Remain positive to become healthier adults says a Northwestern University study. Focusing on the terrible teenage years can be a good way to combat stress in later life.

Research found that all troubles associated with mid-life health risks - diabetes, hypertension, lung disease - could be avoided by reducing the risk of negative behaviour associated with binge drinking, smoking and drugs including eating unhealthy foods.

"Our study shows that promoting and nurturing positive well-being during the teenage years may be a promising way to improve long-term health," said Lindsay Till Hoyt, first author of the study and a fifth-year doctoral student in human development and social policy at Northwestern.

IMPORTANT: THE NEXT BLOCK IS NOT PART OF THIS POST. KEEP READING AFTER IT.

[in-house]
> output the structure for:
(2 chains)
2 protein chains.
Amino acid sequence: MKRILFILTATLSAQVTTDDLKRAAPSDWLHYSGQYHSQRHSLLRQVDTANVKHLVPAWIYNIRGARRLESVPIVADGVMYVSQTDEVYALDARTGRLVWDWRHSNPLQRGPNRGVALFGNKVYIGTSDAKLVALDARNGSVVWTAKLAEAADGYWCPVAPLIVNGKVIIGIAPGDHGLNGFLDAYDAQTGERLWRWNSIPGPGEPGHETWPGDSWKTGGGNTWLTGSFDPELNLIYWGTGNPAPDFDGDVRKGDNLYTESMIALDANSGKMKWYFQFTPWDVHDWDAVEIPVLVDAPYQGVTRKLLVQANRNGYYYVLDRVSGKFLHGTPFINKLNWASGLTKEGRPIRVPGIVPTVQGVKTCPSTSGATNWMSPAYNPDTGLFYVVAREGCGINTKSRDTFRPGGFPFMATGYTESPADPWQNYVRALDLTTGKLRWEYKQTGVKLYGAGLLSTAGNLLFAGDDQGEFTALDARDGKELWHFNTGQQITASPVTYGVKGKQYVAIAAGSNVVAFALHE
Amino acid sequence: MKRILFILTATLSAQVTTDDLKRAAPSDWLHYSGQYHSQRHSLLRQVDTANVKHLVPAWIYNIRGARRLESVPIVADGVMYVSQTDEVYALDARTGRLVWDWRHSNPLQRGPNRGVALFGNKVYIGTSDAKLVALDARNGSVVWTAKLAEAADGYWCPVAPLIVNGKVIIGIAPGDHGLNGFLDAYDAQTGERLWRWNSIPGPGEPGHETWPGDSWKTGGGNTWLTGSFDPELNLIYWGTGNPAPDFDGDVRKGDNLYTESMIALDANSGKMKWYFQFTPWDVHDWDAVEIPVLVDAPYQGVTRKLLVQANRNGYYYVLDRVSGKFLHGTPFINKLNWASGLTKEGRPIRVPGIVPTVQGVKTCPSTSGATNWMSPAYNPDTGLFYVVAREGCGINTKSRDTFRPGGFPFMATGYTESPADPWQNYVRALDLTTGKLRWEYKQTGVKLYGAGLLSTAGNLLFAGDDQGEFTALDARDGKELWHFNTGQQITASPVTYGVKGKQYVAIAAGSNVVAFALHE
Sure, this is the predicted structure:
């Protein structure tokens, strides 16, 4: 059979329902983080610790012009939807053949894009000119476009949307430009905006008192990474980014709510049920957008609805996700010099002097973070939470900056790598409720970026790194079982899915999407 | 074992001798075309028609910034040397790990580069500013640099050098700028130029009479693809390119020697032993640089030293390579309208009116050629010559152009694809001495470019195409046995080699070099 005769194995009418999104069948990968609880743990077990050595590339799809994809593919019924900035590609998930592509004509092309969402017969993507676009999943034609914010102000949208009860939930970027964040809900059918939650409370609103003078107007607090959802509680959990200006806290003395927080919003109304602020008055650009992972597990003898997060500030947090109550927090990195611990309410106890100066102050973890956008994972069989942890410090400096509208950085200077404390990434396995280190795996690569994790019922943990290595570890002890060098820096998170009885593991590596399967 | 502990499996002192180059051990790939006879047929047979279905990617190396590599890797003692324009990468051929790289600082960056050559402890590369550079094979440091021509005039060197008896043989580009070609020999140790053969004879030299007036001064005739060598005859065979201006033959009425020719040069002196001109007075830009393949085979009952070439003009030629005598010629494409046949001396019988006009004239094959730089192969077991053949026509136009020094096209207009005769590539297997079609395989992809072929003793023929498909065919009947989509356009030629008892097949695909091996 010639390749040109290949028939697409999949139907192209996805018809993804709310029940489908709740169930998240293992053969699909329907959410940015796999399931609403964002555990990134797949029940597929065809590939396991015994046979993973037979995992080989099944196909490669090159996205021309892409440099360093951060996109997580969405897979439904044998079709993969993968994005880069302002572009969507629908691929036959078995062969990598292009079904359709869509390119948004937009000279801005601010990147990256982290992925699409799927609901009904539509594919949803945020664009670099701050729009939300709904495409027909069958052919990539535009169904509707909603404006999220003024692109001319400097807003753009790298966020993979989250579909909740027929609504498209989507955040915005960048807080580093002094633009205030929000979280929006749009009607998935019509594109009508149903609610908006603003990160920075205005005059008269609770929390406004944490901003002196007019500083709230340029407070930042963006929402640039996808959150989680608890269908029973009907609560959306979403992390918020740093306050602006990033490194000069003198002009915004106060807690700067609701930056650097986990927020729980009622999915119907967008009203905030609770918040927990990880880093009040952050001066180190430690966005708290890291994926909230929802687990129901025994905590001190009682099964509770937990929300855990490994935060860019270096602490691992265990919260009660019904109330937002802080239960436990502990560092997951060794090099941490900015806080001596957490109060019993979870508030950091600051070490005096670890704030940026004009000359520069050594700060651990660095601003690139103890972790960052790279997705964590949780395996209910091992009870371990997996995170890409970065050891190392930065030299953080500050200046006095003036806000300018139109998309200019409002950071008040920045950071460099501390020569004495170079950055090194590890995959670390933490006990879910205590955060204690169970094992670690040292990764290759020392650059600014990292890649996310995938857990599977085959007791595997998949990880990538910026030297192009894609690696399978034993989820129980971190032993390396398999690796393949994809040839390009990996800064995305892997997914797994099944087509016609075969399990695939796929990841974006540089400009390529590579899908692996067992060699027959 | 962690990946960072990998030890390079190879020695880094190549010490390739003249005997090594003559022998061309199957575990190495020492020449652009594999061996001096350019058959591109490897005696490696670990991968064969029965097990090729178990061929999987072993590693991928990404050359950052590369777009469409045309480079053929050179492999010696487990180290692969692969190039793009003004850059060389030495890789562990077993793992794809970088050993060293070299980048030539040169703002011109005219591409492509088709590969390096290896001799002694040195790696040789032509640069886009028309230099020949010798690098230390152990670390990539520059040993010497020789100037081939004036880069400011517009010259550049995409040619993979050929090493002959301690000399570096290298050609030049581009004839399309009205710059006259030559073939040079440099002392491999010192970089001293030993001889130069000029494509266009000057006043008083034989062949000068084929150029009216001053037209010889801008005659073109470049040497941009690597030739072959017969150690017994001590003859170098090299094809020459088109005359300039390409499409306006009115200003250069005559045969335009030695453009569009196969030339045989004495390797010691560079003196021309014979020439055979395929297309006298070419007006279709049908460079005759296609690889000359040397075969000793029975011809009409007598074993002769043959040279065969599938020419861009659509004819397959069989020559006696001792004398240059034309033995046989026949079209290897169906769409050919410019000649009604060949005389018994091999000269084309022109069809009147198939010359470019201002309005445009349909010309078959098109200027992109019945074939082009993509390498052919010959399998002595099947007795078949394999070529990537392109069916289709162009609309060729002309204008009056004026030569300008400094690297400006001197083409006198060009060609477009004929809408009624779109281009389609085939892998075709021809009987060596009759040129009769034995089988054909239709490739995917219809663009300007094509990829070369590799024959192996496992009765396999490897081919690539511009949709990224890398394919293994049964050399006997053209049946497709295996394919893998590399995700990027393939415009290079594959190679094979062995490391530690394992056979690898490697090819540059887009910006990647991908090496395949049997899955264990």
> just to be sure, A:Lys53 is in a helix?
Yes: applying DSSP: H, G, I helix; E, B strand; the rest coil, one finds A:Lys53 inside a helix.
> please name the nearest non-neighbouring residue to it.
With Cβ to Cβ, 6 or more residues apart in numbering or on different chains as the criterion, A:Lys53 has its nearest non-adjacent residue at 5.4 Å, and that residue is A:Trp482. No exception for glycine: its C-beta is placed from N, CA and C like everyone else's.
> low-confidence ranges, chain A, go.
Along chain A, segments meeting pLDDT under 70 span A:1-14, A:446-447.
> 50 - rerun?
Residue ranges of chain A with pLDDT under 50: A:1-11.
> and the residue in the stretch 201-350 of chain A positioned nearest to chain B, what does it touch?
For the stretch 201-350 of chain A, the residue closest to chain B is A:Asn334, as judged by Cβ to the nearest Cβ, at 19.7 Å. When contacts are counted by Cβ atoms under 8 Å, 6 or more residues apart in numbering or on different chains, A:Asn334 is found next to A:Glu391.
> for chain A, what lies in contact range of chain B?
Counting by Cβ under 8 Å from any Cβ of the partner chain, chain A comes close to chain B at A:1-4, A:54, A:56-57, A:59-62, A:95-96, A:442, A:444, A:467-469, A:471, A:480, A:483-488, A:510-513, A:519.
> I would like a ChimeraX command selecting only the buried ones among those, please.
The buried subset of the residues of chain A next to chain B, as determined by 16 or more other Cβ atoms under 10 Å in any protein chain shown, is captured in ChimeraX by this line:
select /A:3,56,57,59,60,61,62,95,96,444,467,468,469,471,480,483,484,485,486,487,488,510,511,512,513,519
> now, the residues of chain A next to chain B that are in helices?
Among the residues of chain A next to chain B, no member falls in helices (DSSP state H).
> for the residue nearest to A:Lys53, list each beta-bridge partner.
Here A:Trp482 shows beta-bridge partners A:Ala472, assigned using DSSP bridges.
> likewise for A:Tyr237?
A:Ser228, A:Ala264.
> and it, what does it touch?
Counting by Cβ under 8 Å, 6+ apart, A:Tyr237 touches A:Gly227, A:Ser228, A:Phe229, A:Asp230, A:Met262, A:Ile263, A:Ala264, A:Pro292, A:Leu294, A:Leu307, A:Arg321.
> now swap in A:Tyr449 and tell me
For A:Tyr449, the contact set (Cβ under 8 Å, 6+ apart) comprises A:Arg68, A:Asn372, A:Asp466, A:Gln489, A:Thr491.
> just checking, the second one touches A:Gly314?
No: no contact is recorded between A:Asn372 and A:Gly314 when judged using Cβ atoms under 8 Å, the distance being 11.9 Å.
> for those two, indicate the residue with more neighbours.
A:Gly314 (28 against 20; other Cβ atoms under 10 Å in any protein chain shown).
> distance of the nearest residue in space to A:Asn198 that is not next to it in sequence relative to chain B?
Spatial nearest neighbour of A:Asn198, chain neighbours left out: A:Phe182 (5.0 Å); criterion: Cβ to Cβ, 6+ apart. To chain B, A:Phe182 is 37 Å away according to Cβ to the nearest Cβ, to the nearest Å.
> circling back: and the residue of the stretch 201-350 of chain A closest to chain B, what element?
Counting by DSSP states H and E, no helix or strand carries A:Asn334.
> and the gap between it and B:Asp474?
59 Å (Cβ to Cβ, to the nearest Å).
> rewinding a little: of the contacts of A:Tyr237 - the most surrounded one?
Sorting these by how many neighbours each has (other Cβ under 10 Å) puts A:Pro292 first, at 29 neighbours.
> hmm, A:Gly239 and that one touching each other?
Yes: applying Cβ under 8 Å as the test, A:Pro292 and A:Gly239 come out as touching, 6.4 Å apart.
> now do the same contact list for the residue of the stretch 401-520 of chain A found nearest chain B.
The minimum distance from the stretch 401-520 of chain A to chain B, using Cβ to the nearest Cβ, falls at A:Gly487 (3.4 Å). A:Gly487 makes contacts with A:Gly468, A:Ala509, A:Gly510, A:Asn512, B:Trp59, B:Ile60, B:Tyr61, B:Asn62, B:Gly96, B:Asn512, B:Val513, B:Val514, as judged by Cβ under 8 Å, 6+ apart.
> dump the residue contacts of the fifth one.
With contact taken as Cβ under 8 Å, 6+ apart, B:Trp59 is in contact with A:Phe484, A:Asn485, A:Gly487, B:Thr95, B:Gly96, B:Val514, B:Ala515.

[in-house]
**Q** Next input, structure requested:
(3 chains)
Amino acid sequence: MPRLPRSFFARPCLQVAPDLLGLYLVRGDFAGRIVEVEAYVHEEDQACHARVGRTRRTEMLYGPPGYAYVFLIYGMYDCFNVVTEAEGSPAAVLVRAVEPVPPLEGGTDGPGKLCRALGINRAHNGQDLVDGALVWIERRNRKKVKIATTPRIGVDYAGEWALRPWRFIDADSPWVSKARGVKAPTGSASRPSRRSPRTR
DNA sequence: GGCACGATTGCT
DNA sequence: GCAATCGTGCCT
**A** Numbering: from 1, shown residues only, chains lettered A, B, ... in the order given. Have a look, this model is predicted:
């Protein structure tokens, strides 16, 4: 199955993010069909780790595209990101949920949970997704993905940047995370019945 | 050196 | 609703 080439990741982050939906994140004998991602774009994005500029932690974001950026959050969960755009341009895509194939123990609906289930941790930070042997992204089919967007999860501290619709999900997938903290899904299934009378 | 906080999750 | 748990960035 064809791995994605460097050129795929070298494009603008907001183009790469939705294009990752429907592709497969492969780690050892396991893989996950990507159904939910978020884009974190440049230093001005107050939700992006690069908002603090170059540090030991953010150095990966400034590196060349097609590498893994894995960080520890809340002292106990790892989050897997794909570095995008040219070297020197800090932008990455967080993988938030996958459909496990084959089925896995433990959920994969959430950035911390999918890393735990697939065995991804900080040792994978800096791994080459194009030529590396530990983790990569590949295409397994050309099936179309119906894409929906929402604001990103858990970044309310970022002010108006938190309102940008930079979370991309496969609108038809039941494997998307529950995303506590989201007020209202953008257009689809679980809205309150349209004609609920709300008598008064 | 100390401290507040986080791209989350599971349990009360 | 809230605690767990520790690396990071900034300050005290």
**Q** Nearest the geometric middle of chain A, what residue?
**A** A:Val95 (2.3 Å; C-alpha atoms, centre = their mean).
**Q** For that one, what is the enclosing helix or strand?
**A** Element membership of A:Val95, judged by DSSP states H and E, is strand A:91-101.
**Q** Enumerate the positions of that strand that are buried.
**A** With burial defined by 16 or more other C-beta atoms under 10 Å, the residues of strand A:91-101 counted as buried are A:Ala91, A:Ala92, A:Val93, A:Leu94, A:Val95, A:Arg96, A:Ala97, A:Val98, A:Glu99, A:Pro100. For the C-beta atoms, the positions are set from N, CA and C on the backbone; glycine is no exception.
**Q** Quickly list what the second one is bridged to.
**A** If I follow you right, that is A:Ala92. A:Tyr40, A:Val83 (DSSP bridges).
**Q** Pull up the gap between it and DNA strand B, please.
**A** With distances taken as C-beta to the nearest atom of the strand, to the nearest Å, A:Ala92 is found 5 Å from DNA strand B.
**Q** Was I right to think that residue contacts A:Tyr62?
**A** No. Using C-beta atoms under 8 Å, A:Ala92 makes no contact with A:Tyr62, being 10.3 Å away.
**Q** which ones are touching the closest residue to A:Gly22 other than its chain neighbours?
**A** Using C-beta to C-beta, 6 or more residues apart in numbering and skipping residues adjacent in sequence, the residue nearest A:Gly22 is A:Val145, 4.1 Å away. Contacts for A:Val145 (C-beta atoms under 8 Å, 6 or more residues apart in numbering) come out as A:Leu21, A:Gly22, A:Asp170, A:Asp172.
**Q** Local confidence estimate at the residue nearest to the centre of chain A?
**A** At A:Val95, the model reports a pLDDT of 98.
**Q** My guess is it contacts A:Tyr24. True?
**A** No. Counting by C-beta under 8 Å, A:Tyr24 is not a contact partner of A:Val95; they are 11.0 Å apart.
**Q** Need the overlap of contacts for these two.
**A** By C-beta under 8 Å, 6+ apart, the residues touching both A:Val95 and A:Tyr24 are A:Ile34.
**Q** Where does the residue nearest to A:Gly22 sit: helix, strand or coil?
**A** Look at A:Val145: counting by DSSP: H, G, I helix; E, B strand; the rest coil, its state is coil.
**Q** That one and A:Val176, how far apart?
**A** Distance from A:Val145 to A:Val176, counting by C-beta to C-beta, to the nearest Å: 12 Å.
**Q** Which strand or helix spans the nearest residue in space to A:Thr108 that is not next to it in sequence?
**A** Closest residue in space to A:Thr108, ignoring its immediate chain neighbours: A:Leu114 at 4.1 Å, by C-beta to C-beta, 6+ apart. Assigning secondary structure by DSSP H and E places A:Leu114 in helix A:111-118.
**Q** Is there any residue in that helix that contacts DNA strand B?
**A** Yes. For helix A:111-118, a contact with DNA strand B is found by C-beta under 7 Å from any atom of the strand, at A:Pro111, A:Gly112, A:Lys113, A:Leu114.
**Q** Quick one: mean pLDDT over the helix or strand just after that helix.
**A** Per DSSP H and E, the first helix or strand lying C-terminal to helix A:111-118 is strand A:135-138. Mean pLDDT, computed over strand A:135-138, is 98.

"Positive well-being is more than just the absence of depression; the influence of a teenager's positive well-being on long-term good health is present even after accounting for the negative health effects of experiencing depressive symptoms in adolescence," added K. Adam, co-author of the study.

The study, one of the first to focus on the effect positive psychological characteristics in adolescence, is published in the July 2011 issue of the Journal of Adolescent Health.

Results come from 10,147 young people studied since 1994.